Yes. Any child who is still wetting his/her bed after the age of 5 years should seek medical advice. It is best to treat early as research has shown that children with bedwetting may have an adverse reaction on their self-image, have more depressive symptoms, may have disturbed sleep and can affect their cognitive ability.
This will depend on the severity or frequency of bedwetting at the time of consultation. The mainstay of treatment is medical treatment but may also involve behavioural therapy, urotherapy with biofeedback / electrical nerve stimulation, use of an enuretic alarm and occasionally minor surgical procedures. The period of treatment is case-dependent but at the end of treatment, the child is expected to be off all medication. For treatment details, it is best to discuss with your doctor.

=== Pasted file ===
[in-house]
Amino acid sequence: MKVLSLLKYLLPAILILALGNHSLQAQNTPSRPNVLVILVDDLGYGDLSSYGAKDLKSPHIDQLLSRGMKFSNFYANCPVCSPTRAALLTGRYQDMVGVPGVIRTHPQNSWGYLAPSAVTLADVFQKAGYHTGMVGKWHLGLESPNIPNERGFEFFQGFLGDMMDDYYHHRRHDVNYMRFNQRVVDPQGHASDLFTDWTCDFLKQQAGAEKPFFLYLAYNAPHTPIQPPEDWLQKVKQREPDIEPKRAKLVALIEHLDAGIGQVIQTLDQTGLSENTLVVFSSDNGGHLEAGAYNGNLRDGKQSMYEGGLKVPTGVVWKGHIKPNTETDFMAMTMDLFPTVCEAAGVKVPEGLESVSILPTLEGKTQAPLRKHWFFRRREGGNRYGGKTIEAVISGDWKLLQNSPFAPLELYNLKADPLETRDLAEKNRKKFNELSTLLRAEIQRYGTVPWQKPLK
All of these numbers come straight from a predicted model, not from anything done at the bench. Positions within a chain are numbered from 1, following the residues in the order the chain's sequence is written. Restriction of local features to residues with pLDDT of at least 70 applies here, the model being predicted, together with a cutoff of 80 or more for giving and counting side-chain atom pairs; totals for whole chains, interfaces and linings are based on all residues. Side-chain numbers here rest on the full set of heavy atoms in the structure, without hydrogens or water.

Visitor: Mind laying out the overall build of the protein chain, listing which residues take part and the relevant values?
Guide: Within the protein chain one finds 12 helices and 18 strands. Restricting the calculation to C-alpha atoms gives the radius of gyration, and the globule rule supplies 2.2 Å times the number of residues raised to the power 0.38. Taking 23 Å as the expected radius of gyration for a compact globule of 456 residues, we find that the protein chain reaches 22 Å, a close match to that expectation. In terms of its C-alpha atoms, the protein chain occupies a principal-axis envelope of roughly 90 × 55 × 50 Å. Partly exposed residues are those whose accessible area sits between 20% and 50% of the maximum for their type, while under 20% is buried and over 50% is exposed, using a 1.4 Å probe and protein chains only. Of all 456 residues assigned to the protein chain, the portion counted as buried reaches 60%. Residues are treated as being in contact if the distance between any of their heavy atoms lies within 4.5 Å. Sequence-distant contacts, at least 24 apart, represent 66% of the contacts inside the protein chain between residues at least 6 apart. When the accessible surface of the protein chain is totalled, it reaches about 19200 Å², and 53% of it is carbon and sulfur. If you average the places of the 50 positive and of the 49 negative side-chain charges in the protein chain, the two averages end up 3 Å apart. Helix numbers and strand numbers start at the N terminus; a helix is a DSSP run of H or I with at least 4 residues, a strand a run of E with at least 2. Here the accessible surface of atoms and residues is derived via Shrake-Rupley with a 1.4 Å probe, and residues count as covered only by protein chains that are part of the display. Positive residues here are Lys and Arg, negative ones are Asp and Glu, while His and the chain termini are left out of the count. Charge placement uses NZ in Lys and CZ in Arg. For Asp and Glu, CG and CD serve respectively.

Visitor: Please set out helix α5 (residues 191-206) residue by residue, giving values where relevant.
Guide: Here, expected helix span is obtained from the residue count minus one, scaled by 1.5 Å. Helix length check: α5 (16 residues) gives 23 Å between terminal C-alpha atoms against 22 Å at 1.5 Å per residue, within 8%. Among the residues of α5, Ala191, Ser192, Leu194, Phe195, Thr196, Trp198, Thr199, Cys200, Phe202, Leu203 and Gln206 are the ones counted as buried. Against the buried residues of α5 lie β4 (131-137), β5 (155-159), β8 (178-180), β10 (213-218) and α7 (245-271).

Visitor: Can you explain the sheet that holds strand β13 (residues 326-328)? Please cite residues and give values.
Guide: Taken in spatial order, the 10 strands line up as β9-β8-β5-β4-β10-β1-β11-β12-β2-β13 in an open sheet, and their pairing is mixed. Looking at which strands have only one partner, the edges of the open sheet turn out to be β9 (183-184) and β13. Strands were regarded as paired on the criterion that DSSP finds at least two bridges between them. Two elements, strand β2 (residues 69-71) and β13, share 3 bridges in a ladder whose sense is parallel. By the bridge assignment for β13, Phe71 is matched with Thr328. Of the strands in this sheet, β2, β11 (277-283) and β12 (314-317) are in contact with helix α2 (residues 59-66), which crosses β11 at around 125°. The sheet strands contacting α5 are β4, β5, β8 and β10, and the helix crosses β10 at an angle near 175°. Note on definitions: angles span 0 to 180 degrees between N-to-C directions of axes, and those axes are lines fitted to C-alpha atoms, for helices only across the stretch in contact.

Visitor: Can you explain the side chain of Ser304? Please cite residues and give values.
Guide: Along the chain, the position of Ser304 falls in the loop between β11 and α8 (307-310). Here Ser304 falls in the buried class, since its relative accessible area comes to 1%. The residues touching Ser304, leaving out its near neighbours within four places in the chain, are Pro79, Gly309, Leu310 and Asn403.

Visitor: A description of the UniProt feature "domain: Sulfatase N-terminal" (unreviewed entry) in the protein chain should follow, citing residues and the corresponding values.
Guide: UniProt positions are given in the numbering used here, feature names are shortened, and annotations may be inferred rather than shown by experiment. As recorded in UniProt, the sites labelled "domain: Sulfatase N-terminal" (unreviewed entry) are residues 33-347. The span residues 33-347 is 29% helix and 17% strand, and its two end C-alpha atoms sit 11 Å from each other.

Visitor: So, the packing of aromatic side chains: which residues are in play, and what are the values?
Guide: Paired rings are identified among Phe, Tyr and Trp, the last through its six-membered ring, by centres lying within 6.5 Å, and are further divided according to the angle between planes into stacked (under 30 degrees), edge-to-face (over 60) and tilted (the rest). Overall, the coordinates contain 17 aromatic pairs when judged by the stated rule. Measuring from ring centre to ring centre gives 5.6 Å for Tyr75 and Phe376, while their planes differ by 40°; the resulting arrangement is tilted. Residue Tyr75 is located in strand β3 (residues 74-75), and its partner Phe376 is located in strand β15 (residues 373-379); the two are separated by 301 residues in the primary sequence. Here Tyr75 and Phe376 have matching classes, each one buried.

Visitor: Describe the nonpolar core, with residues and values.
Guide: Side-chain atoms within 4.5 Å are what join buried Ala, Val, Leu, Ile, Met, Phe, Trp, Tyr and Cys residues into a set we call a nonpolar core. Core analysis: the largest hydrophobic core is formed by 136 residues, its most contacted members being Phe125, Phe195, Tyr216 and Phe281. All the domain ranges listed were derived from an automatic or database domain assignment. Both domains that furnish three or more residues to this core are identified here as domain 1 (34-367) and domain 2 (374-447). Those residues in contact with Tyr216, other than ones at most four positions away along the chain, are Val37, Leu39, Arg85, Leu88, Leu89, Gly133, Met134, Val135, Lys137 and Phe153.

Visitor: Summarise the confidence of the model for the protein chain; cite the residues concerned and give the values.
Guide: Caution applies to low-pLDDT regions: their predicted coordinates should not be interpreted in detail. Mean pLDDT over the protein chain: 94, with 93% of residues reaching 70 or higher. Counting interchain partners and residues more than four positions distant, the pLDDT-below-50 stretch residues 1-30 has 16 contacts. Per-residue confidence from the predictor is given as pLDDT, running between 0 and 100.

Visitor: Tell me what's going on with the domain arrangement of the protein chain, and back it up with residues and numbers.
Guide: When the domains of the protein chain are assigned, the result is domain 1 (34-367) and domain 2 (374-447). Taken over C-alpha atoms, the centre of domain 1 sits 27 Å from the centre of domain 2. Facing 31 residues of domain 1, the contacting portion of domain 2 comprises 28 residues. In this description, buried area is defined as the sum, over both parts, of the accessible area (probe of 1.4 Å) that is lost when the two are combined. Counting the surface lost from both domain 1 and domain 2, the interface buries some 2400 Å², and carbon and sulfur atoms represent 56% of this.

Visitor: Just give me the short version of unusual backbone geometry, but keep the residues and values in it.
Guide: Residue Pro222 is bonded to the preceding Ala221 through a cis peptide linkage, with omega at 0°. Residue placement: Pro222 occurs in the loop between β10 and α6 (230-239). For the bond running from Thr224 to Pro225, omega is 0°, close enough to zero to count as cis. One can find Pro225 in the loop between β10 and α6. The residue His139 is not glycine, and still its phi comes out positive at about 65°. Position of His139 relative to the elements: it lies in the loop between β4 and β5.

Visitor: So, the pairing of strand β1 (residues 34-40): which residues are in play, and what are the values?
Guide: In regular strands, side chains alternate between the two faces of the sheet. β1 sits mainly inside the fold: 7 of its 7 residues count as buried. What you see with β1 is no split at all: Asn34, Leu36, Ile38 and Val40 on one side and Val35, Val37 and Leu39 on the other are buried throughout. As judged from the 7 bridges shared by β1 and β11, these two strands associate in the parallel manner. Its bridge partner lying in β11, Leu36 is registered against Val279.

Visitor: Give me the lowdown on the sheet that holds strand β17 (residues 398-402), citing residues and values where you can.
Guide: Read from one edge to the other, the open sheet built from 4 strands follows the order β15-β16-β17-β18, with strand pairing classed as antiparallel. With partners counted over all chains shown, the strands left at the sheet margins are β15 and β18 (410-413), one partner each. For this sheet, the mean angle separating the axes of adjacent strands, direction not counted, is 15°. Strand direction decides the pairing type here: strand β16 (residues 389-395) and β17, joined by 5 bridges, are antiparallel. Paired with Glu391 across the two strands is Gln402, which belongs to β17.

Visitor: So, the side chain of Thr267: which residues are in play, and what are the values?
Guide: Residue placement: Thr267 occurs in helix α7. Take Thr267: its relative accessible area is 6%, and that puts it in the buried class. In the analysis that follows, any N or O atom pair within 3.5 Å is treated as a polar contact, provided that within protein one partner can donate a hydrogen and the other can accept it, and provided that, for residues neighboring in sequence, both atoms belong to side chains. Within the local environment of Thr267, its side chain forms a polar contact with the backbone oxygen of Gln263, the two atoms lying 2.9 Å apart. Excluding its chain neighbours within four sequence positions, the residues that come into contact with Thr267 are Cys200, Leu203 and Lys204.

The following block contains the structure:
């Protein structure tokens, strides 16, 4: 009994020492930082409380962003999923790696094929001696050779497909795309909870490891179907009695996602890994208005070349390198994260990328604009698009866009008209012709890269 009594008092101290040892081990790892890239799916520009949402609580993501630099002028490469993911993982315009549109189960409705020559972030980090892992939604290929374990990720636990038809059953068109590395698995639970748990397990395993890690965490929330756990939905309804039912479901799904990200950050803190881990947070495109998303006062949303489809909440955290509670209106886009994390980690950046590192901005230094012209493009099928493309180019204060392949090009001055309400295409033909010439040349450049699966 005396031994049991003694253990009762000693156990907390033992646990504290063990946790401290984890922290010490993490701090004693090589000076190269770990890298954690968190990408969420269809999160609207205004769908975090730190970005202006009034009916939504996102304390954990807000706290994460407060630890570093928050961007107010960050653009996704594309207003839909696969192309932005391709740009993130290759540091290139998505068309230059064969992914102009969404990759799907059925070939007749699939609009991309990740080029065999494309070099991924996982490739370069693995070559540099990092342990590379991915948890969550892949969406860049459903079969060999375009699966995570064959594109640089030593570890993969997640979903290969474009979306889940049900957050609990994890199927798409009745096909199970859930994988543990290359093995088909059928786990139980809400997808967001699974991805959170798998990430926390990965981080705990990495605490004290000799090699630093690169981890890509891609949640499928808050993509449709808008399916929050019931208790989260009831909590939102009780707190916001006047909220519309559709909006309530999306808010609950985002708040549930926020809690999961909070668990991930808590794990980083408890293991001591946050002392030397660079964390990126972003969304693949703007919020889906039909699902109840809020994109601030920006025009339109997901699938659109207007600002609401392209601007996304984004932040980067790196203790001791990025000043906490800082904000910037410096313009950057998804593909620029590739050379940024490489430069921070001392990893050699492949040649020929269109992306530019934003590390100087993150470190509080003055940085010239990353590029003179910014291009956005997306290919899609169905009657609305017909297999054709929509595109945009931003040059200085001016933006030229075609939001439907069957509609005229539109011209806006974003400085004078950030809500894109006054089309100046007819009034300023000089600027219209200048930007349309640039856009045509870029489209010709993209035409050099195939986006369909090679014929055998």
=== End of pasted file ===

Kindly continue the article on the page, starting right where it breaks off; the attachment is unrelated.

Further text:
Although some bedwetters do get better themselves as they get older, this tends to occur mainly in those with infrequent wetting of less than 1-2 nights per week. Research has shown that around 2.1% of adults have problems of persistent bedwetting from childhood if left untreated and those children with frequent wetting of 3 or more nights per week are more likely to have persistent problems of wetting into adulthood.